RESNA Annual Conference - 2020

Ergonomic Comparison Between Formal And Informal Caregivers Performing Device Assisted Transfers Using A Mechanical Lift And A Robotic Assisted Transfer Device

J. Hoydick1,2, M. Greenhalgh, B.S1,3, R. Cooper, PhD1

1Human Engineering Research Laboratories, Veterans Affairs Pittsburgh Health Care System, University Drive, Pittsburgh, PA,

2Department of Biomedical Engineering, Duquesne University, Pittsburgh, PA,

3 Department of Epidemiology, Graduate School of Public Health, University of Pittsburgh, Pittsburgh, PA


Figure 1. Hoyer lift

Caregivers are essential resources in healthcare, as over 39 million adults in the United States provide care to a person who is disabled, ill, or elderly. [1] Informal caregivers, which include family and friends, provide approximately 87% of long-term care. [2] Formal caregivers, including home health aides, nursing aides and personal care aides, are expected to increase by 47% from 2010 to 2020. [3] Caregivers perform a variety of tasks, some of which are physically demanding, such as transferring patients to and from wheelchairs. [4]

Figure 2. StrongArm

Mechanical lifting devices such as the Hoyer lift are an improvement compared to manual lifting, yet still have limited use in crowded spaces and leaves a risk for shoulder and back injuries. [5] In contrast, the StrongArm RATD has a more compact design, making it more suitable for tight spaces, and uses an electronically controlled joystick to perform the transfer.  A recent cross-sectional study showed that caregivers favored StrongArm over the Hoyer lift for both task load demand and transfer usability. [6]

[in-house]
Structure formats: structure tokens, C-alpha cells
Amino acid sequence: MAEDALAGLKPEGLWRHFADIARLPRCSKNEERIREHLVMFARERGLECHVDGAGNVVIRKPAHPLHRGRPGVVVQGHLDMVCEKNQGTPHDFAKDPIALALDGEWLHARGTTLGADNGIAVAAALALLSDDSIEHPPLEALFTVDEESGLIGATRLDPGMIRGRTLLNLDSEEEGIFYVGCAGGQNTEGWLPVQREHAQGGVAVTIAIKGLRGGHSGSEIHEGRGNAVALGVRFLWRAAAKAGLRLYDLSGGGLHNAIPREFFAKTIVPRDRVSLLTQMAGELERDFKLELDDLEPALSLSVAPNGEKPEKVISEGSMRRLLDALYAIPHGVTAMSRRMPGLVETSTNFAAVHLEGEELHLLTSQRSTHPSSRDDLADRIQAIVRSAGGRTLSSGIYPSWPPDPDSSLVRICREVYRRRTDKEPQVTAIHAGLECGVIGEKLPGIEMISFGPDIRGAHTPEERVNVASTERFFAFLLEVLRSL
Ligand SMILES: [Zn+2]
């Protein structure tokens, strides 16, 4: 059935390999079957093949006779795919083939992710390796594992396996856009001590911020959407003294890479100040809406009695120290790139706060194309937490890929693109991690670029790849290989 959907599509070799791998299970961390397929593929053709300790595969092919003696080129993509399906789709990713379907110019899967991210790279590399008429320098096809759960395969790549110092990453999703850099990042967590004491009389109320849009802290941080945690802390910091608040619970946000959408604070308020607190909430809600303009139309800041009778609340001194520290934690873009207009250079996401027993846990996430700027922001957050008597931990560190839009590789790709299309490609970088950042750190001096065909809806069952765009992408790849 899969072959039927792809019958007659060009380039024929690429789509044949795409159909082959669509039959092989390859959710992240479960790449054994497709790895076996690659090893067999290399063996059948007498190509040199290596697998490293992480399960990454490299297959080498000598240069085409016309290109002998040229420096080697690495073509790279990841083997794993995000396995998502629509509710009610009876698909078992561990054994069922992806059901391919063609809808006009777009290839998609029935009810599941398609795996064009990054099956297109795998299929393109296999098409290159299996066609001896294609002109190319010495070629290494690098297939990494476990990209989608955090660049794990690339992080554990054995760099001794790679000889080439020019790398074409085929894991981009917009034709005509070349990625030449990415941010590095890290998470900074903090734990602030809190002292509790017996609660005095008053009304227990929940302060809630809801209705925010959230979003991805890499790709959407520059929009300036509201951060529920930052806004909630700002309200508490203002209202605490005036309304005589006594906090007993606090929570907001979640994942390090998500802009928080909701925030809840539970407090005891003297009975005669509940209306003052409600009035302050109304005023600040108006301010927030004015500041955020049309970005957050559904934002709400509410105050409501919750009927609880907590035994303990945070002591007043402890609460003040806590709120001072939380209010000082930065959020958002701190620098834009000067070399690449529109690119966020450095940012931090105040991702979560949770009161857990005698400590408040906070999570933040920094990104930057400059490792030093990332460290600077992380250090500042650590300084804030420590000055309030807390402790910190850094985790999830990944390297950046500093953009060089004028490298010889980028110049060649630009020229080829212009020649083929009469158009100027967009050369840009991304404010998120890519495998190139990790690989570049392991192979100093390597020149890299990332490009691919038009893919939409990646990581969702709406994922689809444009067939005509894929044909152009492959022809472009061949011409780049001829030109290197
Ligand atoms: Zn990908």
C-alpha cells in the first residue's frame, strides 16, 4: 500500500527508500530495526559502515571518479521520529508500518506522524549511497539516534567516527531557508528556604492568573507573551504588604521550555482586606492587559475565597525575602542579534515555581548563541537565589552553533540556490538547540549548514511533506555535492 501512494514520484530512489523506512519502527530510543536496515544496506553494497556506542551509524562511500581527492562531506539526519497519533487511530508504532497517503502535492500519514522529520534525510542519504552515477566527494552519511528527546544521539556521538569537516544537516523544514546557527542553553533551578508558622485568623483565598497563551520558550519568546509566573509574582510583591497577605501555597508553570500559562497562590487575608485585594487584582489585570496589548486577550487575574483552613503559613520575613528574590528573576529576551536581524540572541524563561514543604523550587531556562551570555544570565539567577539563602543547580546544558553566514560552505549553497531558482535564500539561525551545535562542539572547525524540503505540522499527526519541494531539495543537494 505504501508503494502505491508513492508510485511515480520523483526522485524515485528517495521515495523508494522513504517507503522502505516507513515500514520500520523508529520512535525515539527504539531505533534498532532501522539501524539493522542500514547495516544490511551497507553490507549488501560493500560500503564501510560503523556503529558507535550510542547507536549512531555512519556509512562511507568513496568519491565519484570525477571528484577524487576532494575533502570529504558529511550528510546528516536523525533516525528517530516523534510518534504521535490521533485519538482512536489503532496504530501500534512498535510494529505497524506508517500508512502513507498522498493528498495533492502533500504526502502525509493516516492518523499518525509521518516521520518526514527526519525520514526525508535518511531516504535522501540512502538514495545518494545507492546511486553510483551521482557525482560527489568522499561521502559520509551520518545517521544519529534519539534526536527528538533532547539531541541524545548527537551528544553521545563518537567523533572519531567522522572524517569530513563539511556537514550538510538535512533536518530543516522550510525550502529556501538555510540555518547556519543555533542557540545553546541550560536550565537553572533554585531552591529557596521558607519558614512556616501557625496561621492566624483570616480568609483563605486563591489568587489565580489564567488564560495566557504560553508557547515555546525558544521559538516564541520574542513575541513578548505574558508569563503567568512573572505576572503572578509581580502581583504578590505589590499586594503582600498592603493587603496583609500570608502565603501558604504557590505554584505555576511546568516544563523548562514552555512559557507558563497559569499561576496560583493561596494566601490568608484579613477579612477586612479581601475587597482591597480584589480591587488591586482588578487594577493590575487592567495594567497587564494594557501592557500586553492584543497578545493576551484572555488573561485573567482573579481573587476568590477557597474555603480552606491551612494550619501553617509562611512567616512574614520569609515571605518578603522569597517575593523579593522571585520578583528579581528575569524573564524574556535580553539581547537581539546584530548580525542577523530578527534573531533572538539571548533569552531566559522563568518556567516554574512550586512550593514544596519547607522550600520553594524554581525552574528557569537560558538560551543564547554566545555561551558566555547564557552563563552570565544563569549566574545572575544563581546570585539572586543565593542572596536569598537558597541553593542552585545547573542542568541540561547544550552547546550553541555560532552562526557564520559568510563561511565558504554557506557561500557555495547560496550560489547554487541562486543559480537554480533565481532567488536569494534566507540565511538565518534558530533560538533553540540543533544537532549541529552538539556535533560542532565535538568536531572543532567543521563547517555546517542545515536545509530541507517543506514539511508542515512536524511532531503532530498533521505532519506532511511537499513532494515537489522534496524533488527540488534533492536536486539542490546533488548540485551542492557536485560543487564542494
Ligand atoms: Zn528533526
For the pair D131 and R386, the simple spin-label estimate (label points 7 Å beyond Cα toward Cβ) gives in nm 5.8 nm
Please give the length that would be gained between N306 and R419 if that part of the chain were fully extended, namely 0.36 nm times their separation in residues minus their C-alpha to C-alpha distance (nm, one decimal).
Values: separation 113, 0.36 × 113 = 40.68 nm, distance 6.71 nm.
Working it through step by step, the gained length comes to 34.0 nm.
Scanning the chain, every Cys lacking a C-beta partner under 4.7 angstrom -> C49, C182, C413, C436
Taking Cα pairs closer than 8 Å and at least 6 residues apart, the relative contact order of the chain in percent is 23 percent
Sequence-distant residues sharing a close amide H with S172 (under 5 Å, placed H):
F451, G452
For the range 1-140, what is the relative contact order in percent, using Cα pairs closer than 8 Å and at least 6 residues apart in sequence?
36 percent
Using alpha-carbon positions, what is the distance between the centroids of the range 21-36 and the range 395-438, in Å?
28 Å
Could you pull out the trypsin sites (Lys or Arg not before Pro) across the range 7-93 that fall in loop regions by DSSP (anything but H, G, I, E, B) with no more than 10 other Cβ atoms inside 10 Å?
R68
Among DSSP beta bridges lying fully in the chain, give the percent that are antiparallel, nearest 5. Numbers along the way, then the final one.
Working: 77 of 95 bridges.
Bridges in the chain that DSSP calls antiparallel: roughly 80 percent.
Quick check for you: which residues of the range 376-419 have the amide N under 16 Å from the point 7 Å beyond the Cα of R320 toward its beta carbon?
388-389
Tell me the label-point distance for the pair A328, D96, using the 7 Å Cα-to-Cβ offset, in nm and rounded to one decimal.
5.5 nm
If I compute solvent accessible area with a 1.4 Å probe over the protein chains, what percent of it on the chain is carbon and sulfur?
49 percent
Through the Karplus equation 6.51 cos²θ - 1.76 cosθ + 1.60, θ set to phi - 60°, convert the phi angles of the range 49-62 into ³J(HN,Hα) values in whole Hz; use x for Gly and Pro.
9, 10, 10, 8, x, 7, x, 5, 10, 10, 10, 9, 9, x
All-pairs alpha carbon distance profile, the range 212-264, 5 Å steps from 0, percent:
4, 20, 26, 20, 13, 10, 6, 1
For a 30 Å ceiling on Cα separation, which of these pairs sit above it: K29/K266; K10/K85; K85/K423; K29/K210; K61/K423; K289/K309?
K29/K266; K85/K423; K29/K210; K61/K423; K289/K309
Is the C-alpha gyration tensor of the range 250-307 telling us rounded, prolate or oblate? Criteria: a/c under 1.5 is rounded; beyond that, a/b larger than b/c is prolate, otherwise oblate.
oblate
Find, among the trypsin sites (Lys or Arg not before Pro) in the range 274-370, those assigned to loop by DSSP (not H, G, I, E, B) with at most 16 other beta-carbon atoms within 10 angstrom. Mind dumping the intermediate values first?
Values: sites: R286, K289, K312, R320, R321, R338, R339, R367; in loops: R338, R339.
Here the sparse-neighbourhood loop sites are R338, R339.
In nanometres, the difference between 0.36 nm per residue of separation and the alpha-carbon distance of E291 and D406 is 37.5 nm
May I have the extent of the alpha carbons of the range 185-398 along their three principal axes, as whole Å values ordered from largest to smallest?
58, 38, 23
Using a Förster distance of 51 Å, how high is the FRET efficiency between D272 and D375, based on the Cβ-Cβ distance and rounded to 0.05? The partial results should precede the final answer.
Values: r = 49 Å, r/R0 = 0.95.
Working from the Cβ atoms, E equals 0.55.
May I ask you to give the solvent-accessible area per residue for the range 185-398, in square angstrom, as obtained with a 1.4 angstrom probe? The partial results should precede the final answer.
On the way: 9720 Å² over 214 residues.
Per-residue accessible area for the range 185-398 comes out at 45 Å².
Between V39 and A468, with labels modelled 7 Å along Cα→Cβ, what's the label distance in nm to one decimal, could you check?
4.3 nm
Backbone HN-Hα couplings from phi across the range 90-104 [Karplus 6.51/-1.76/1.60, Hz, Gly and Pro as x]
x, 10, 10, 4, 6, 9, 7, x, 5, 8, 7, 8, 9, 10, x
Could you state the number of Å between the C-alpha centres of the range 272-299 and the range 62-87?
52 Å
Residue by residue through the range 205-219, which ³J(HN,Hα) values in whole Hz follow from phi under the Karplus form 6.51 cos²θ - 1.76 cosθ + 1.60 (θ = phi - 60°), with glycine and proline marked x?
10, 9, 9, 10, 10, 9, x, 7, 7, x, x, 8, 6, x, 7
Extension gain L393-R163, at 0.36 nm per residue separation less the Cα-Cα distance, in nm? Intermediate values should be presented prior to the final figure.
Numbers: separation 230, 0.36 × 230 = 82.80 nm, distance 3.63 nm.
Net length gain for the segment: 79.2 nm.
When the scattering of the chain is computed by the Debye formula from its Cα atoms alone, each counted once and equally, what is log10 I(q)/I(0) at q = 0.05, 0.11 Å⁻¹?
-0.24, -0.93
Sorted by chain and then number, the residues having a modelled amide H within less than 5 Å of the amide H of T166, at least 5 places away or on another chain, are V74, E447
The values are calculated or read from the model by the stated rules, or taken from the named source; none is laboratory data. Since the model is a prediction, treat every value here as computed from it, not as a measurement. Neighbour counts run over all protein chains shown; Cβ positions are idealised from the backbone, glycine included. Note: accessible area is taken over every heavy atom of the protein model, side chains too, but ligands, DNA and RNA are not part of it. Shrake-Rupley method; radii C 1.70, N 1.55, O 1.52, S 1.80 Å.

As informal caregivers are more prevalent than formal caregivers, it is important to determine which type of device is more suitable in a home setting. [7] This study aims to determine whether there is a significant difference in muscle activation between formal and informal caregivers when using assisted transfer devices, including the Hoyer lift and StrongArm, and to compare usability, demand, and muscle activation between both devices. It is hypothesized that formal caregivers, or those with more formal experience, encounter less muscle activation using assisted devices for transfers than informal caregivers. Additionally, it is hypothesized that both groups experience reduced muscle activation and task demand using the StrongArm compared to the Hoyer at three distinct surfaces and phases to and from a wheelchair.



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This work was funded by ASPIRE (Grant #:1560174), the VA Merit Review (Grant #: F1454R), VA Center for Excellence for Wheelchairs and Associates Rehabilitation (Grant #: B9250-C), Integrative Graduate Education and Research Traineeship (Grant #: DGE1144584), and Paralyzed Veterans of America. The contents of this paper do not represent the views of the U.S Department of Veterans Affairs or the United States Government. The author reported no conflicts of interest.